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Multilayer Filtering or The Dangerous Economics of Spam Control 2008 MIT Spam Conference


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Title: Multilayer Filtering or The Dangerous Economics of Spam Control 2008 MIT Spam Conference

Multilayer FilteringorThe Dangerous Economics
of Spam Control2008 MIT Spam Conference
  • By
  • Alena Kimakova and Reza Rajabiun
  • York University and COMDOM Software
  • Toronto, Canada

I.1 Spam as an empirical problem
  • Two historical observations (2002-2008)
  • A) Spam ratio in 2002 20 -30 of all email
  • Spam ratio in 2008 70 - 90 of all email
  • Increased sophistication of spam (pdf, image,
    search engine, etc)
  • B) Increased sophistication and accuracy of
    statistical content filters 98 accuracy, 0.1
    false positives
  • (Cormack and Lynam, 2007)
  • Empirical puzzle
  • Why more spam after the adoption of technical
    and regulatory countermeasures?

I.2 Methodology Positive analysis
  • How can we explain the growth and sophistication
    of spam?
  • Hypothesis A technological trade-off between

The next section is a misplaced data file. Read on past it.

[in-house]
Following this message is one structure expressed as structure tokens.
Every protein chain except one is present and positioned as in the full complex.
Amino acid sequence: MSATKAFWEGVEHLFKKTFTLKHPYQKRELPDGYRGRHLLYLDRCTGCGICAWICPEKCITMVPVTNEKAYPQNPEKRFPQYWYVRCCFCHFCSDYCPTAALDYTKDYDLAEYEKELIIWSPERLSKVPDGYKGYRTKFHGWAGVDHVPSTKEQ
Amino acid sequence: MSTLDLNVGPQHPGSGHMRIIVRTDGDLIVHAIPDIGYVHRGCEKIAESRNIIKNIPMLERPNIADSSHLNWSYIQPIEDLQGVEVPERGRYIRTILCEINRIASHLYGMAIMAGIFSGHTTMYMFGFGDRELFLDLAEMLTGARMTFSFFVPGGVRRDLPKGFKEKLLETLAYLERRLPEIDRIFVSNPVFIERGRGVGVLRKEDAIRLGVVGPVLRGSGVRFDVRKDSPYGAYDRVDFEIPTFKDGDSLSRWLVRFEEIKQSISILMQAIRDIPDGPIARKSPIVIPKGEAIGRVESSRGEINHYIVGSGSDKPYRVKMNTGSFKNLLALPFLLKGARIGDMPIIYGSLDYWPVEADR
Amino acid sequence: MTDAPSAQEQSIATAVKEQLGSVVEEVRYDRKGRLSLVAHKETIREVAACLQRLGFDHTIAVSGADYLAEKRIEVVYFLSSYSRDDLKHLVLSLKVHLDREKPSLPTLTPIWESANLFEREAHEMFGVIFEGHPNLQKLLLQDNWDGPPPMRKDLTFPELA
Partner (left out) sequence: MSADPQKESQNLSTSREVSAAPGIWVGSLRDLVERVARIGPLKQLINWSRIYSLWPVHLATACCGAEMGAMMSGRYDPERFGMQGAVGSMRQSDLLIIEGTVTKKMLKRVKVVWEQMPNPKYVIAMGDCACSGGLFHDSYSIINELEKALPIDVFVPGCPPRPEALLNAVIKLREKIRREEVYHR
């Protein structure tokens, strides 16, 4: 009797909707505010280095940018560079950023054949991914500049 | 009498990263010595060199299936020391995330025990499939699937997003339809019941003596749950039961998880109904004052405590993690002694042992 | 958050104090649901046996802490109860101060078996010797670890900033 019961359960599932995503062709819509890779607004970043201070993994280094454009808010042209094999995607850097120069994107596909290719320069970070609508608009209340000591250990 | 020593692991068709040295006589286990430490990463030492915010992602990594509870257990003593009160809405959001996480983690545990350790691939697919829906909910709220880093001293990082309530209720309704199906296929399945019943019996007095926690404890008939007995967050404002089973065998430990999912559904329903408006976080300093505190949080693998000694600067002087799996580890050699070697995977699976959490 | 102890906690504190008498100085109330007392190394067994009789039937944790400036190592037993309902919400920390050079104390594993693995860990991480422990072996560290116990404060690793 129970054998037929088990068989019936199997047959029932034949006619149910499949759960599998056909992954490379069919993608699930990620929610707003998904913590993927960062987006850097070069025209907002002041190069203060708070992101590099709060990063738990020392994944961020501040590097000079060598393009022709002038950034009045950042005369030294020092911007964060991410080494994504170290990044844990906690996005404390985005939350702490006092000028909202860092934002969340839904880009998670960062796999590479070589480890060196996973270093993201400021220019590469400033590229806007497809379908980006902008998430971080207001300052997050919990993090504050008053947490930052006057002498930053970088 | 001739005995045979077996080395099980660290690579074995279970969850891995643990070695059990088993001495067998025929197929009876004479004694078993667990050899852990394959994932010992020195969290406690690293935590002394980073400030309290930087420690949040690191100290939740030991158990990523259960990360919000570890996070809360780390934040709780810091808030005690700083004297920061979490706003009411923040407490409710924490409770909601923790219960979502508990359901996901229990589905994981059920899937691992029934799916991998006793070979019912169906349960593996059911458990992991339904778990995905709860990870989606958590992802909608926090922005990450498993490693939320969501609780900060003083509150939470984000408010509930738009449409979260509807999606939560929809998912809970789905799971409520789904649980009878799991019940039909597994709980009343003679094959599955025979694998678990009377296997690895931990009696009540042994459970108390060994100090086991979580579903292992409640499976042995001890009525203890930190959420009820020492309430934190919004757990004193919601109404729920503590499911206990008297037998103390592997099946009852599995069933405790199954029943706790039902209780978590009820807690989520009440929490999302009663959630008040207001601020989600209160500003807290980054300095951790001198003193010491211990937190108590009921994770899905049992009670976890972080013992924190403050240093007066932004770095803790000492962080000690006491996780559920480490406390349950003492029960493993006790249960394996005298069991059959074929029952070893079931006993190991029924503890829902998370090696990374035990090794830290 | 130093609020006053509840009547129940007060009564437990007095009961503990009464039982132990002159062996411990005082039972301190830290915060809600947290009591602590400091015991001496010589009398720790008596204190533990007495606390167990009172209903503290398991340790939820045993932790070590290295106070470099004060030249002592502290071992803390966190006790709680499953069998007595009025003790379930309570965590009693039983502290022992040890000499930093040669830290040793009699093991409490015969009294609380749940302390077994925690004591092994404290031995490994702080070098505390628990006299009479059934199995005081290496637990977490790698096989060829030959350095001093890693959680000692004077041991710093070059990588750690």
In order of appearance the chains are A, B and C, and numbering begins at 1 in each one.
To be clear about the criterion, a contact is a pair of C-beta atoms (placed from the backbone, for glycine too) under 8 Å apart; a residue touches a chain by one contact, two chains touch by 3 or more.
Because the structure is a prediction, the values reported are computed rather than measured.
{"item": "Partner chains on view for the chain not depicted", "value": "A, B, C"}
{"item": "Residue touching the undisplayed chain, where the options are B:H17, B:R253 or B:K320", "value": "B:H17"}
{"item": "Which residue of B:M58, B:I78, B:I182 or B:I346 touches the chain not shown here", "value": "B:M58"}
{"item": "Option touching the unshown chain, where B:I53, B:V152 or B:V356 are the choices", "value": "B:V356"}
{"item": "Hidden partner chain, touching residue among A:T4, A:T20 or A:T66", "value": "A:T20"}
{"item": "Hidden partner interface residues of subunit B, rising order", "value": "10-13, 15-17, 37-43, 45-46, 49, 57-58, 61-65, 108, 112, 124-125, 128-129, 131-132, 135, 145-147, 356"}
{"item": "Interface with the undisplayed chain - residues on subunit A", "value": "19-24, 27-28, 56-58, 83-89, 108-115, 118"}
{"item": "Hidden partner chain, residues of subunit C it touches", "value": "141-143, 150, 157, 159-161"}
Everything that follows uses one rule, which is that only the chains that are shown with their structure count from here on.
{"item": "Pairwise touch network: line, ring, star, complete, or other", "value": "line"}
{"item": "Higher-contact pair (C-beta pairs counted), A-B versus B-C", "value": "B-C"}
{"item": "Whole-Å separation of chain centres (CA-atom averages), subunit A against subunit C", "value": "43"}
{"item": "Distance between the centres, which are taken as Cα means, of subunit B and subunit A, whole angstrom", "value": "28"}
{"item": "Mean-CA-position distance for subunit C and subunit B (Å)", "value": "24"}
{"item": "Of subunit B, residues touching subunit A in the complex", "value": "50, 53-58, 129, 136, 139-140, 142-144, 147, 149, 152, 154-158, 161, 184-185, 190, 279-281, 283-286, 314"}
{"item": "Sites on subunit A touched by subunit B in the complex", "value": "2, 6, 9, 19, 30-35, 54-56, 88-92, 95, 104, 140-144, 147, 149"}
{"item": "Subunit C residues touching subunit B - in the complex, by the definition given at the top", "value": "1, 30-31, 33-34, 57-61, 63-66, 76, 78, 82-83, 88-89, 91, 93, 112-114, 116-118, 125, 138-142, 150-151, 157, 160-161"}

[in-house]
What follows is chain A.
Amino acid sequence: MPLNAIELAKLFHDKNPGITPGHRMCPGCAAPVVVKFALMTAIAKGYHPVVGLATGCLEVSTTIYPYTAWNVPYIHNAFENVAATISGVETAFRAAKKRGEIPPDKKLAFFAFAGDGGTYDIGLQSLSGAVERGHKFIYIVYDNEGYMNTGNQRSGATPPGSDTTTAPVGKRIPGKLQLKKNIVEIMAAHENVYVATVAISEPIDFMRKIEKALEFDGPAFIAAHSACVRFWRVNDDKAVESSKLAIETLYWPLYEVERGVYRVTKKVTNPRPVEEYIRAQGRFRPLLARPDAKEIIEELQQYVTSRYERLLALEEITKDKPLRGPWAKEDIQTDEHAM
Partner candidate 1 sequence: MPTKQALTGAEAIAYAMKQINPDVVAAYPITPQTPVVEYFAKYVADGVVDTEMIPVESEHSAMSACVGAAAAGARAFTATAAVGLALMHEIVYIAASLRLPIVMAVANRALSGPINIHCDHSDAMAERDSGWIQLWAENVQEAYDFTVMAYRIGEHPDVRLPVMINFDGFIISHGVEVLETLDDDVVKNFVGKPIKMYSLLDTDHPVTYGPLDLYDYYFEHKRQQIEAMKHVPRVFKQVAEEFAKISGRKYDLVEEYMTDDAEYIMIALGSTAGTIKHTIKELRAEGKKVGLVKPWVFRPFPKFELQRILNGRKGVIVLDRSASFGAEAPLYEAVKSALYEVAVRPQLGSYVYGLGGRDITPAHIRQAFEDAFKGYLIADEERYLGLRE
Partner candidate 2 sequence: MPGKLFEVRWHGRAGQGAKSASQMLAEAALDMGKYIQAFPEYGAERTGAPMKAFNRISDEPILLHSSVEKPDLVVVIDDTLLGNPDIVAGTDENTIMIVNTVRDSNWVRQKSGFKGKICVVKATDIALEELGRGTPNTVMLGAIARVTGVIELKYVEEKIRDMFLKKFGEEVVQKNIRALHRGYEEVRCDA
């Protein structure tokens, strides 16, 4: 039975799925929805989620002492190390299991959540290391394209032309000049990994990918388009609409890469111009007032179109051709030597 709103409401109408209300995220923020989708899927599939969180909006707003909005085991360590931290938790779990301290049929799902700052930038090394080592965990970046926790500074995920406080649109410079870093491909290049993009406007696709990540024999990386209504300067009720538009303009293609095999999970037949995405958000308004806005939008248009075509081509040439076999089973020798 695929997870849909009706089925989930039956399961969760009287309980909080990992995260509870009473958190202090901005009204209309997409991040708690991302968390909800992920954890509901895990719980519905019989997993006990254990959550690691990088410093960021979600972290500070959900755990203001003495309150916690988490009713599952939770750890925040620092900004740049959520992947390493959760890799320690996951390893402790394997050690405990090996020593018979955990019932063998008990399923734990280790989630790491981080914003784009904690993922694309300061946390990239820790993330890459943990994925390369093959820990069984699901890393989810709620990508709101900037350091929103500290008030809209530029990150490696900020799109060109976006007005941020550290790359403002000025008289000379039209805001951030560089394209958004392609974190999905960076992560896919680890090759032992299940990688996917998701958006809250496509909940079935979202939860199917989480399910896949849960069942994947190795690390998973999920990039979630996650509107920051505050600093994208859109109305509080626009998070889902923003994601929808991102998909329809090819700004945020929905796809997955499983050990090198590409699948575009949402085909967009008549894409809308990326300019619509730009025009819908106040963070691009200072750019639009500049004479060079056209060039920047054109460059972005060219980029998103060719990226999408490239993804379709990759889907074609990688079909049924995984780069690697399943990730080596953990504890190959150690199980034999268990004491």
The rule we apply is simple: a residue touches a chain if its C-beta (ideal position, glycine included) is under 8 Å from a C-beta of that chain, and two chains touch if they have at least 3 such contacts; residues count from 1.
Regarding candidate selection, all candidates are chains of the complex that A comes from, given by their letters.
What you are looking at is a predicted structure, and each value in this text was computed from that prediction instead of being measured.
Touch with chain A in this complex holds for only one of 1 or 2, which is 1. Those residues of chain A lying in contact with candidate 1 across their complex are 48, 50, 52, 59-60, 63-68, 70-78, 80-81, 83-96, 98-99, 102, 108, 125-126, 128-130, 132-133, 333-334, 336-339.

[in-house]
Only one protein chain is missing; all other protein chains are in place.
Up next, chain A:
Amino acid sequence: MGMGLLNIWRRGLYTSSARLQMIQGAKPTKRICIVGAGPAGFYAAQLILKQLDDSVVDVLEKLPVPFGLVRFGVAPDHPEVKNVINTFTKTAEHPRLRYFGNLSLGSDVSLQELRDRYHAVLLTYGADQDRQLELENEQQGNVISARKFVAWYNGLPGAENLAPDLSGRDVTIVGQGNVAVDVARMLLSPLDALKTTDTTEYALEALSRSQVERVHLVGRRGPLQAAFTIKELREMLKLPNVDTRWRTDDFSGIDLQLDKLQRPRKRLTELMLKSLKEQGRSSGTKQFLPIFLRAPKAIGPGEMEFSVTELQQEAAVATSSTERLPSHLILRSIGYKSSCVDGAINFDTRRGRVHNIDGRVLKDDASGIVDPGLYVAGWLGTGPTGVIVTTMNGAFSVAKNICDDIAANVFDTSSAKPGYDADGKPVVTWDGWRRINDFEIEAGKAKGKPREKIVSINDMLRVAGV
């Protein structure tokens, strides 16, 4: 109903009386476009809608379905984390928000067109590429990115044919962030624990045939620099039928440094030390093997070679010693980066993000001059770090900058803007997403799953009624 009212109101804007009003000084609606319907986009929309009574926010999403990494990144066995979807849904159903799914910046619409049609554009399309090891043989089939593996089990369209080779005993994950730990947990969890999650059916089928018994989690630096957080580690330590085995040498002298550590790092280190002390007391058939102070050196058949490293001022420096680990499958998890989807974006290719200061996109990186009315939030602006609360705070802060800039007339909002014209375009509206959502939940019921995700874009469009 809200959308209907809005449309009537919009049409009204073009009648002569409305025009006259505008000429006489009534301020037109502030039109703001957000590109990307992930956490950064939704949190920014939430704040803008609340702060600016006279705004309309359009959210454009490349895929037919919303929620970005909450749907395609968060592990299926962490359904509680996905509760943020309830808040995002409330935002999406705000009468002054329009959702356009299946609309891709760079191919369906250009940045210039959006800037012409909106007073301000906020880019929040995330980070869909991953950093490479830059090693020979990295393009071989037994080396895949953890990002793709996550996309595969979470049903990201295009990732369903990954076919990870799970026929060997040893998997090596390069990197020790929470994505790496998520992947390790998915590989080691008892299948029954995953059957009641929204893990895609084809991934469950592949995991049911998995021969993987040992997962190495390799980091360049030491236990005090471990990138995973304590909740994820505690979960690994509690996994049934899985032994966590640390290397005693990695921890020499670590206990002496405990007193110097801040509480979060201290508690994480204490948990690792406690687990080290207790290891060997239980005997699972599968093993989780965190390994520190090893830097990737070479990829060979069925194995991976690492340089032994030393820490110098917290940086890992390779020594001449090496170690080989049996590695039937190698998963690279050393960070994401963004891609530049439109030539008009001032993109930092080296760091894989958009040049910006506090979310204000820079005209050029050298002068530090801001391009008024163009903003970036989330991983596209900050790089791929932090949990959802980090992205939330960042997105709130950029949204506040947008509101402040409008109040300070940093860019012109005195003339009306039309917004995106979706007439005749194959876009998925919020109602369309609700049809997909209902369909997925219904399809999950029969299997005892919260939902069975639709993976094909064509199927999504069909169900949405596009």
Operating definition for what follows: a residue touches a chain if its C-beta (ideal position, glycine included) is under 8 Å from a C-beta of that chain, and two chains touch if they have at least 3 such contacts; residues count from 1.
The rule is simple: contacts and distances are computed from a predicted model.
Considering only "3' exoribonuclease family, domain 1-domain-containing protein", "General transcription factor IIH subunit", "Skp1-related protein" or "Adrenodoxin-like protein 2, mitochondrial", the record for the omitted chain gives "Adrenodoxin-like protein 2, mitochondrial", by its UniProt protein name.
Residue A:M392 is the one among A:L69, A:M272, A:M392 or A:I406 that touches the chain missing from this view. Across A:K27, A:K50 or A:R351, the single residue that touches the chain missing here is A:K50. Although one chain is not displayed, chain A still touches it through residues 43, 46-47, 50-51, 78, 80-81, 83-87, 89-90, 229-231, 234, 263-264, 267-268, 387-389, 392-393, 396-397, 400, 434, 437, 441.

speed and accuracy facing network owners and
  • Approach combines
  • A) Game theoretical models Large volumes of
    spam because of asymmetries in the distribution
    of filter quality across the Internet.
  • B) Evolution of the technological possibilities
    frontier facing ISPs and other operators from
    the early 2000s.
  • Problem with existing studies in economics and
    computer science
  • Do not account for incentives of spammers and
  • General point Importance of interdisciplinary
    cooperation between economists and computer
    scientists in designing spam filtering bundles
    and regulatory countermeasures.

II.1 Technological Choice
  • Advances in content filtering accuracy ?
    Constrained sensory threat
  • However
  • High noise/signal ratio ? Network costs of spam
  • Of particular concern in developing countries
    with relatively lower
  • a) Bandwidth
  • b) Processing capacity
  • c) Administrative capacity
  • Spam and the Digital Divide (Rajabiun, 2007)
  • The literature in computer science and economics
    almost exclusively focuses on false
    negative/positive problem

II.2 End user and network costs
  • More realistic assumption End user (E) and
    network costs of spam (N) are likely to be
    closely linked.
  • General problem facing an ISP (Server level
  • Costs of Spam C ( E (E1, E2 ), N ( E1, E2, S )
  • E1 Expected false negative rate
  • E2 Expected false positive rate
  • S Number of servers
  • Theory Little known about relationships, but not
  • Practice Can be estimated for individual ISPs
    based on
  • a) Accounting information
  • b) Features of antispam systems available at a
    point in time

II.3 Antispam technology
  • Basic filtering methods available since the late
  • Server level
  • Adoption of (fuzzy) fingerprinting (2001-2005)